A MAN from Rhyl who stole a “cherished” Volkswagen campervan worth £14,000 from a newly retired couple in Manchester has been spared jail.

James Deeney, 62, of Frederick Street, was sentenced to 21 months’ imprisonment, suspended for two years, at Mold Crown Court today (December 13).

He was found guilty after trial on September 5 of theft of a motor vehicle.


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Prosecutor Oliver King told the court that, in late 2022, Robert Hopewell encountered an issue with his campervan, so contacted Deeney after becoming aware of his vehicle repair business.

Mr Hopewell telephoned Deeney on November 13, 2022, and was said to have been “impressed” by his knowledge of the vehicle, and that he appeared to diagnose the issue immediately.

They met the following day, when Deeney took the van away to replace its brake cable.

On December 6, Deeney quoted Mr Hopewell £720 to cover the cost of repairs and a service for the vehicle, which was paid the following day.

Deeney told Mr Hopewell that “Chris”, an employee of his, would return his vehicle, but suspicions grew when, in the weeks that followed, this did not transpire.

This led Mr Hopewell to conduct his own research, which led him to a business park in Rhuddlan, where he saw his campervan parked behind a locked gate.

He took a picture of it, and contacted Deeney, who promised to deliver it on January 4, 2023.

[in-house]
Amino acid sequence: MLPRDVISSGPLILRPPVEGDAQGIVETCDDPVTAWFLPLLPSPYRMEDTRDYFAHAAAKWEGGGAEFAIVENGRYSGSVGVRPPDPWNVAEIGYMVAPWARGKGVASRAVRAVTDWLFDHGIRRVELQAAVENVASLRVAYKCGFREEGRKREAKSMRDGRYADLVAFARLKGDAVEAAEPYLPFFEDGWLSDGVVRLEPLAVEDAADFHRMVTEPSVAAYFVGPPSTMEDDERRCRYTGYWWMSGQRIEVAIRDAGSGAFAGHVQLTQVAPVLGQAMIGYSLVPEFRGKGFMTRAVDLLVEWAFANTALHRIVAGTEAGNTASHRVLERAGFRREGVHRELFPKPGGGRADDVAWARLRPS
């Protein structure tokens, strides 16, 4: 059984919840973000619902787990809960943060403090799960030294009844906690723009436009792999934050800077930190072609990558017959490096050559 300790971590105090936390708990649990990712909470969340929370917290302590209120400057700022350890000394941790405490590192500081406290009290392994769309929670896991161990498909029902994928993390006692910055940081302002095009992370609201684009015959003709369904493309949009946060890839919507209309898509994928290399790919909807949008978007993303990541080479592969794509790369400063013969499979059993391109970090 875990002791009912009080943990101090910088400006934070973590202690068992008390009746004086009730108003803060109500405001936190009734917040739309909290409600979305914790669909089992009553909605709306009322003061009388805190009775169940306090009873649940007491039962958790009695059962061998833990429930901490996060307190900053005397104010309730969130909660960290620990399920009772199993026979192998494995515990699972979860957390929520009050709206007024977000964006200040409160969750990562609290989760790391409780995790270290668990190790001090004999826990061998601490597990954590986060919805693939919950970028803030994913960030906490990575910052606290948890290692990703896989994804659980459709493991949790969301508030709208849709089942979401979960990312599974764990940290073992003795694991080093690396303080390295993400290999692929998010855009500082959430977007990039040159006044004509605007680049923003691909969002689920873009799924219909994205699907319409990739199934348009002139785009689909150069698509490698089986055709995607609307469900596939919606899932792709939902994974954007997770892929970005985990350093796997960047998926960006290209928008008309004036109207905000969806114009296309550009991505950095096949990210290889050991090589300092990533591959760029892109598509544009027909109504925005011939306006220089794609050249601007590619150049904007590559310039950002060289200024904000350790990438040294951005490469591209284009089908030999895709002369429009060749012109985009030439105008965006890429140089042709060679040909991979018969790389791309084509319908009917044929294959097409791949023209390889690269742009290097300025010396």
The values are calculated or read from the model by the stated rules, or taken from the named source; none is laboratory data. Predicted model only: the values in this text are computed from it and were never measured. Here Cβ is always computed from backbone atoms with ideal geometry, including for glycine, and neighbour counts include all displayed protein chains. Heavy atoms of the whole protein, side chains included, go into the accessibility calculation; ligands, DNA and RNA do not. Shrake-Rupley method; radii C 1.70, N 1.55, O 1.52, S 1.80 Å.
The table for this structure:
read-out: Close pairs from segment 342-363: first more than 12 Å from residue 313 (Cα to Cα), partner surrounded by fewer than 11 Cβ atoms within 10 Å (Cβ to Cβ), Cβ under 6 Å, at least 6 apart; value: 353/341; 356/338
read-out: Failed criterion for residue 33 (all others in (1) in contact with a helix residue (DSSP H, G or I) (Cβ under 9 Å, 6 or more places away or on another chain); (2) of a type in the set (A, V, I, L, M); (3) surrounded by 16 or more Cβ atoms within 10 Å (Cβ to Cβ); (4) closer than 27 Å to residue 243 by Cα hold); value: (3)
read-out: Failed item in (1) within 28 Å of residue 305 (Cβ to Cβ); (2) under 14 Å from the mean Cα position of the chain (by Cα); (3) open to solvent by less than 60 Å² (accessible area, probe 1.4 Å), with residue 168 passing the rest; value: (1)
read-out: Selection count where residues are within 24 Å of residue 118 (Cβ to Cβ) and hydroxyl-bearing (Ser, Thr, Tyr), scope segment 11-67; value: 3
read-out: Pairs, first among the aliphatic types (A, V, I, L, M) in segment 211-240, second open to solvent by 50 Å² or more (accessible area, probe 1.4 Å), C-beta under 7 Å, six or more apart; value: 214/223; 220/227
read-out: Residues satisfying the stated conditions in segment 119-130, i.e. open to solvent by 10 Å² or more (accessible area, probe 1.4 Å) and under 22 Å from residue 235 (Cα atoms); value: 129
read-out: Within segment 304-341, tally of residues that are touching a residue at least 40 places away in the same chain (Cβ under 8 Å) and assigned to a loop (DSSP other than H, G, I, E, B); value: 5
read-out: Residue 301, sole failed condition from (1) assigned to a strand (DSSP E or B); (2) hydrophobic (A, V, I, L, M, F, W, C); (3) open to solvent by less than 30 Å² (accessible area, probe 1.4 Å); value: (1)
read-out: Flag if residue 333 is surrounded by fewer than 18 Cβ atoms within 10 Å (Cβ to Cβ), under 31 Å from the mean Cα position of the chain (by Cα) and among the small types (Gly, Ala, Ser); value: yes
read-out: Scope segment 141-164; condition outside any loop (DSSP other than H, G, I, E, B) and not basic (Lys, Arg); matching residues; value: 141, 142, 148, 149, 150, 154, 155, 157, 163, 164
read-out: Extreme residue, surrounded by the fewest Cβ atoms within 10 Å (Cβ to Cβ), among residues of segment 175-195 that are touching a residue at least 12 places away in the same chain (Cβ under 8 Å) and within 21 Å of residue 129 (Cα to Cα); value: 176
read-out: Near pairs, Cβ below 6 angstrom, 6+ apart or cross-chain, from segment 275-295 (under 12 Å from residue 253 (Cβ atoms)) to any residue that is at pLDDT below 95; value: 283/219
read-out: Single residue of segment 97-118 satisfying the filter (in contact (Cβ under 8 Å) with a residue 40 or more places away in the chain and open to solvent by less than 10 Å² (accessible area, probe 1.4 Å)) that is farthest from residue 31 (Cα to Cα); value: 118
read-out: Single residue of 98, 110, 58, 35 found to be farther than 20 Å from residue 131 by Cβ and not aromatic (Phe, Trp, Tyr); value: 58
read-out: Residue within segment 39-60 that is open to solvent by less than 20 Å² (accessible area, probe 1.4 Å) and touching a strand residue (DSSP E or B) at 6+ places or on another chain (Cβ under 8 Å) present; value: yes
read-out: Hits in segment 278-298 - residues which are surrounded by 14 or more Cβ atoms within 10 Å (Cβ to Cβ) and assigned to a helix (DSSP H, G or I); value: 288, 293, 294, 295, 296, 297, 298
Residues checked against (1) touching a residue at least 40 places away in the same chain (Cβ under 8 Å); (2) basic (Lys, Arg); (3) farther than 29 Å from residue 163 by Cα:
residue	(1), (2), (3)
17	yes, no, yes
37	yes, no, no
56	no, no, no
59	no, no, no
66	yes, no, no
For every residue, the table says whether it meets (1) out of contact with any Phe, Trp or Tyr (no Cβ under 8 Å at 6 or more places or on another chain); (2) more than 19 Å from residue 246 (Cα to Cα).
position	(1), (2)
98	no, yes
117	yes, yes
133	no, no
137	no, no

But this did not happen, with Deeney claiming that an employee had “let him down”.

On January 7, Deeney told Mr Hopewell he was trying to source a part for the campervan, so needed a document number, which Mr Hopewell gave him.

This, in fact, was to facilitate changing the registered ownership of the campervan.

Deeney put the vehicle’s ownership in the name of Nathan Jones, a man who he had been in contact with on January 3, and who he had asked to value and sell the campervan on his behalf.

It was then advertised on an auction website for a number of weeks until Mr Jones became aware that the campervan had been stolen.

Police recovered the van on February 19, but found several items missing from it and minor damage to its bodywork.

In a statement, Mr Hopewell said the ordeal “exhausted” him and his wife, who have developed a “strong sentimental attachment” to the campervan during the 11 years which they have owned it.

When interviewed, Deeney accepted Mr Hopewell’s version of events but denied dishonesty on his part.

Mr King described Deeney as having a “long record for dishonesty”, including for previous car thefts.

“Blame was wrongly placed on others, namely Nathan Jones, who the defendant claimed had taken ownership of vehicle and tried to sell it,” Mr King added.

Defending Deeney, Jason Smith said that the loss of his wife in October has had a “profound effect” on him.

This was said to be his first conviction for roughly five-and-a-half years, meanwhile.

Mr Smith invited the court to suspend Deeney’s custodial sentence with “onerous” conditions attached; this would also allow him to pay his victims compensation.

Sentencing, Judge Rhys Rowlands agreed to do so, but ordered Deeney to abide by an electronically monitored curfew, preventing him from leaving his home between 9pm and 6am for four months.

Deeney will pay compensation of £2,760, a fine of £2,500, costs to the Crown Prosecution Service of £500, and a victim surcharge of £187.

Judge Rowlands told him: “You are a thoroughly dishonest individual. There is no regret or contrition shown.

“You were bound to be found out eventually.

“You know, as well as I do, what will happen if you commit further offences.”